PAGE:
Number of known asteroids reaches 1 million

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1 million asteroids have been discovered in the Solar System
1,002,726 or 993,960 known asteroids depending on the database.

We find asteroids faster than ever before. By 1921 astronomers knew 1000, then it took almost 70 years to extend that to 10,000 (1989). Just 16 years later we reached 100,000 (in 2005), and 15 more years later we reached 1 million. Early discoveries were people looking at analog photos, but now most discoveries are done by computers analyzing giant datasets. Here is a table by discoverer.

Will we reach 10 million by 2035-2036, continuing the exponential trend? Gaia is expected to measure up to a million asteroids (to be published 2027 or so). Most of them will be known objects measured more precisely but the overlap won't be complete - we should also get many new objects. The Vera Rubin telescope is expected to add ~5 million more in the next 10 years. Some other programs will add 6-digit numbers here and there, probably, although they might have a lot of overlap with the Vera Rubin telescope. We'll see, could get close.

We can also expect a lot of progress with near Earth asteroids, i.e. asteroids that could come close to Earth. We know almost all over 1 km, now work is ongoing to find most over 140 m, but in parallel many smaller asteroids are being discovered as well. Down to ~20 m this has a practical use if we find them before an impact, but of course the larger ones are more dangerous.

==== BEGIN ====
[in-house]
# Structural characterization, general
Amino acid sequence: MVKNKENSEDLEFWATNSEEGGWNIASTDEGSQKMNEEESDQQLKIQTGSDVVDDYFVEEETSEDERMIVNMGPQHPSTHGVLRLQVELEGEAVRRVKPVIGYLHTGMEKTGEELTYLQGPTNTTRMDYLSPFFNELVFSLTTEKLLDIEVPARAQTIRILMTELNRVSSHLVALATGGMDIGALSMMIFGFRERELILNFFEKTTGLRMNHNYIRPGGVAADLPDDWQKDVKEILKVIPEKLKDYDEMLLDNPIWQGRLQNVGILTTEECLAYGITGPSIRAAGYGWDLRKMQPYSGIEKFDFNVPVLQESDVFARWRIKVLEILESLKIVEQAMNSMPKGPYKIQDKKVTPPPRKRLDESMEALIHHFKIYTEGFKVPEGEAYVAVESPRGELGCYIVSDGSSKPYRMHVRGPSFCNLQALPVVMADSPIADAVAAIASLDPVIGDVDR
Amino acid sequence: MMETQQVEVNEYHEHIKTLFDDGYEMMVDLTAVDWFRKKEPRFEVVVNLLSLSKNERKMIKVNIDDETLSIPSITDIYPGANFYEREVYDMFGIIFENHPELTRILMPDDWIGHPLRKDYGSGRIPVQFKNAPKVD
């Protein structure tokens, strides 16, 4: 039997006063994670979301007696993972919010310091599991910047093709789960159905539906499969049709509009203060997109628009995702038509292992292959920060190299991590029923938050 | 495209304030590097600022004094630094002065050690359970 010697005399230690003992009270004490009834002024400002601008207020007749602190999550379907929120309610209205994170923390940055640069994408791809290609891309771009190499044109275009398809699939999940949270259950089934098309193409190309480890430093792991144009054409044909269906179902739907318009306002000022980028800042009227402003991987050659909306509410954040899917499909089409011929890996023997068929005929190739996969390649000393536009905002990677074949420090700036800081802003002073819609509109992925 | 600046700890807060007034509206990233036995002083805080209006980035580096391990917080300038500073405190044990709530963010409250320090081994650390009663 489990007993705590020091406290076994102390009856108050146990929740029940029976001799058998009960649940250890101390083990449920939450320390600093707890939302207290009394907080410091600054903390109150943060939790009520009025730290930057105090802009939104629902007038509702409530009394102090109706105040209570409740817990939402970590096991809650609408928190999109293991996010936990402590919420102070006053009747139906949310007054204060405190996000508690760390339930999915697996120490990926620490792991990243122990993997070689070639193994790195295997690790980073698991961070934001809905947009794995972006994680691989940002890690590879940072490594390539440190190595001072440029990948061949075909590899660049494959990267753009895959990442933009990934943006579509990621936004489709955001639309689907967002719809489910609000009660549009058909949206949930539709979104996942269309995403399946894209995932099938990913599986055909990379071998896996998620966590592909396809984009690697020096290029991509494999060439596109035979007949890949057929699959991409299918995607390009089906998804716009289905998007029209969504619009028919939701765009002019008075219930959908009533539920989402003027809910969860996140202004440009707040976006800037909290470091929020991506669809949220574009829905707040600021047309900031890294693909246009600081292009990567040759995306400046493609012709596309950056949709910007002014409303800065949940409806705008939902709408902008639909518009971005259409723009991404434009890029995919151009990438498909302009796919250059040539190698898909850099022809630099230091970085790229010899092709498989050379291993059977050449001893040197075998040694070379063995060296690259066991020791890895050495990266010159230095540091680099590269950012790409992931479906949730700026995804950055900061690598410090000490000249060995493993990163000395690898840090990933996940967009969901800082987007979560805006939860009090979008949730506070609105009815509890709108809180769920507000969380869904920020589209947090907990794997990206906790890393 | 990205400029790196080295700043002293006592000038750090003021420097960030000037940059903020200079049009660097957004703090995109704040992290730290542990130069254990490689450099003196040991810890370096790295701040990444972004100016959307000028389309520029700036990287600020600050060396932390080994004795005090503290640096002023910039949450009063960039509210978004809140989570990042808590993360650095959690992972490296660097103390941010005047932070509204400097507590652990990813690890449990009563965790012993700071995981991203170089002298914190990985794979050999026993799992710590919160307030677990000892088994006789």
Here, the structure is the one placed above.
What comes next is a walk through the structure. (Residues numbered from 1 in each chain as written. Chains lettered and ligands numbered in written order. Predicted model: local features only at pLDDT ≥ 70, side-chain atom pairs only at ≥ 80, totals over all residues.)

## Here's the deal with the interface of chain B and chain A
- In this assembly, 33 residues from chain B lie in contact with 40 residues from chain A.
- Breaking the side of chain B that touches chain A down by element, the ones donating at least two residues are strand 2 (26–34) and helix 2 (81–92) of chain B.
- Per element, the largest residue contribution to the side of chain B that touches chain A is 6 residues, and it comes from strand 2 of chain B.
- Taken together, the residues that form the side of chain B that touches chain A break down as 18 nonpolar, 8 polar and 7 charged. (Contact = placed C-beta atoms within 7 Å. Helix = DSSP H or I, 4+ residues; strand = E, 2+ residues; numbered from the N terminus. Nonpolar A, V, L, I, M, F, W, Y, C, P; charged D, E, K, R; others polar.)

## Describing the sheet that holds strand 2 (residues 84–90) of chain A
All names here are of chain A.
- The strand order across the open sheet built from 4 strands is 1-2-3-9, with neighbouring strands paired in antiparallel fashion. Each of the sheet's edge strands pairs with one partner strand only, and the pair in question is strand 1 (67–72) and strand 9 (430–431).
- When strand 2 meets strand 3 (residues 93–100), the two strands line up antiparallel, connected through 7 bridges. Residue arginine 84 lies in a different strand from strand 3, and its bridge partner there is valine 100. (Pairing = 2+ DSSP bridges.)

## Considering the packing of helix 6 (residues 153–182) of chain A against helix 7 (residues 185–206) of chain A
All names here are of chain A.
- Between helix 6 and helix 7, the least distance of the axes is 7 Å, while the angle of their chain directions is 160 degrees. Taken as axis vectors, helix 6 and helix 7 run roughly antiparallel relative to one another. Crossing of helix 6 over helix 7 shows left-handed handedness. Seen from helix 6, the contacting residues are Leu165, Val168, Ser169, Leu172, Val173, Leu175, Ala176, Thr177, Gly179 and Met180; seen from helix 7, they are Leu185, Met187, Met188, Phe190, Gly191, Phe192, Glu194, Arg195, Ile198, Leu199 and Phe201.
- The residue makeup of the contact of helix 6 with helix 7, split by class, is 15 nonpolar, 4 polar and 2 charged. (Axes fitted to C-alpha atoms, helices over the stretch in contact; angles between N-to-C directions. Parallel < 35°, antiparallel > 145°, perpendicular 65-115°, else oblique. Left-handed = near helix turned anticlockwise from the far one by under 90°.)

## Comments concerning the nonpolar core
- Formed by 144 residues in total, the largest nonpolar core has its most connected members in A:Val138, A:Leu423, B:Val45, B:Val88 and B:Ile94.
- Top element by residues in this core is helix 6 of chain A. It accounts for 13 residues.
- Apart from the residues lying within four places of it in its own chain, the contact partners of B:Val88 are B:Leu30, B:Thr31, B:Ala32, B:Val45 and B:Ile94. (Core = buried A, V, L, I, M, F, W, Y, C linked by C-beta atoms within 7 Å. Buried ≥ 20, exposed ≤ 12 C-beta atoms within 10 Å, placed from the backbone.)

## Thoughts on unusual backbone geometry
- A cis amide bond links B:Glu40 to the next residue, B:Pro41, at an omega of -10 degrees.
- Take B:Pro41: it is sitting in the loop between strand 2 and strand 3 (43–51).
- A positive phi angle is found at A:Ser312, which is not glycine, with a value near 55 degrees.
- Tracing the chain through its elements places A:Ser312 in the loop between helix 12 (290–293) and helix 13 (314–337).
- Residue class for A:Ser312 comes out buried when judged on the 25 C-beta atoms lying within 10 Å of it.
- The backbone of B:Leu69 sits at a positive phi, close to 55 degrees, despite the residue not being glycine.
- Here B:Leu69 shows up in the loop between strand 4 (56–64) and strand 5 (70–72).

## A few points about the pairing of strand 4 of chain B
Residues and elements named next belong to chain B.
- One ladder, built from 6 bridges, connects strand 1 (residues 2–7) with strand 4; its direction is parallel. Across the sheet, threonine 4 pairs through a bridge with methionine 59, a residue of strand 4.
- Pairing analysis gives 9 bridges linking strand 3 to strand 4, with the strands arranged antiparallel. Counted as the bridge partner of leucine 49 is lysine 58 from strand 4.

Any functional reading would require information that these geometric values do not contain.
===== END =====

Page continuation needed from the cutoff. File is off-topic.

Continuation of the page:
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  • #2
stefan r
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If the exponential trend in number of known asteroids continues [problematic assumption] then we can calculate the capabilities of our telescopes.
 
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Many new discoveries are made with relatively small telescopes. Even the biggest discovery programs don't use the largest available telescopes: Spacewatch uses a 1.8 meter diameter main telescope, LINEAR uses a 1 meter main telescope, both have smaller telescopes for follow-up measurements. These programs found the most asteroids. Catalina ("CSS" in the list) has a 1.5 meter telescope and so on.

It's expected that there are about 1 million asteroids above ~700 meters in the asteroid belt. We don't know all of them and we know smaller ones, and there are also asteroids elsewhere, but that's a good number to keep in mind for the typical discovery. For 10 million we need to go down to ~150-200 meters. For 100 million we would need to go down to 50-100 meters.

If you want to collect the same light then the product of asteroid diameter and telescope diameter must be the same. Naively scaling things we need an 8-meter class telescope for 10 million. That's Vera Rubin, and the difference between "5 million new ones" and 10 million total is easily within the uncertainties of all these estimates. Increasing that by another factor 2-3 (for 100 million) is ~20 meters. We can build primary mirrors that large (it's about the size of GMT and half the diameter of ELT, both under construction), but that would need to be combined with a large field of view and a rapid motion between targets. But who knows what we can do by 2050.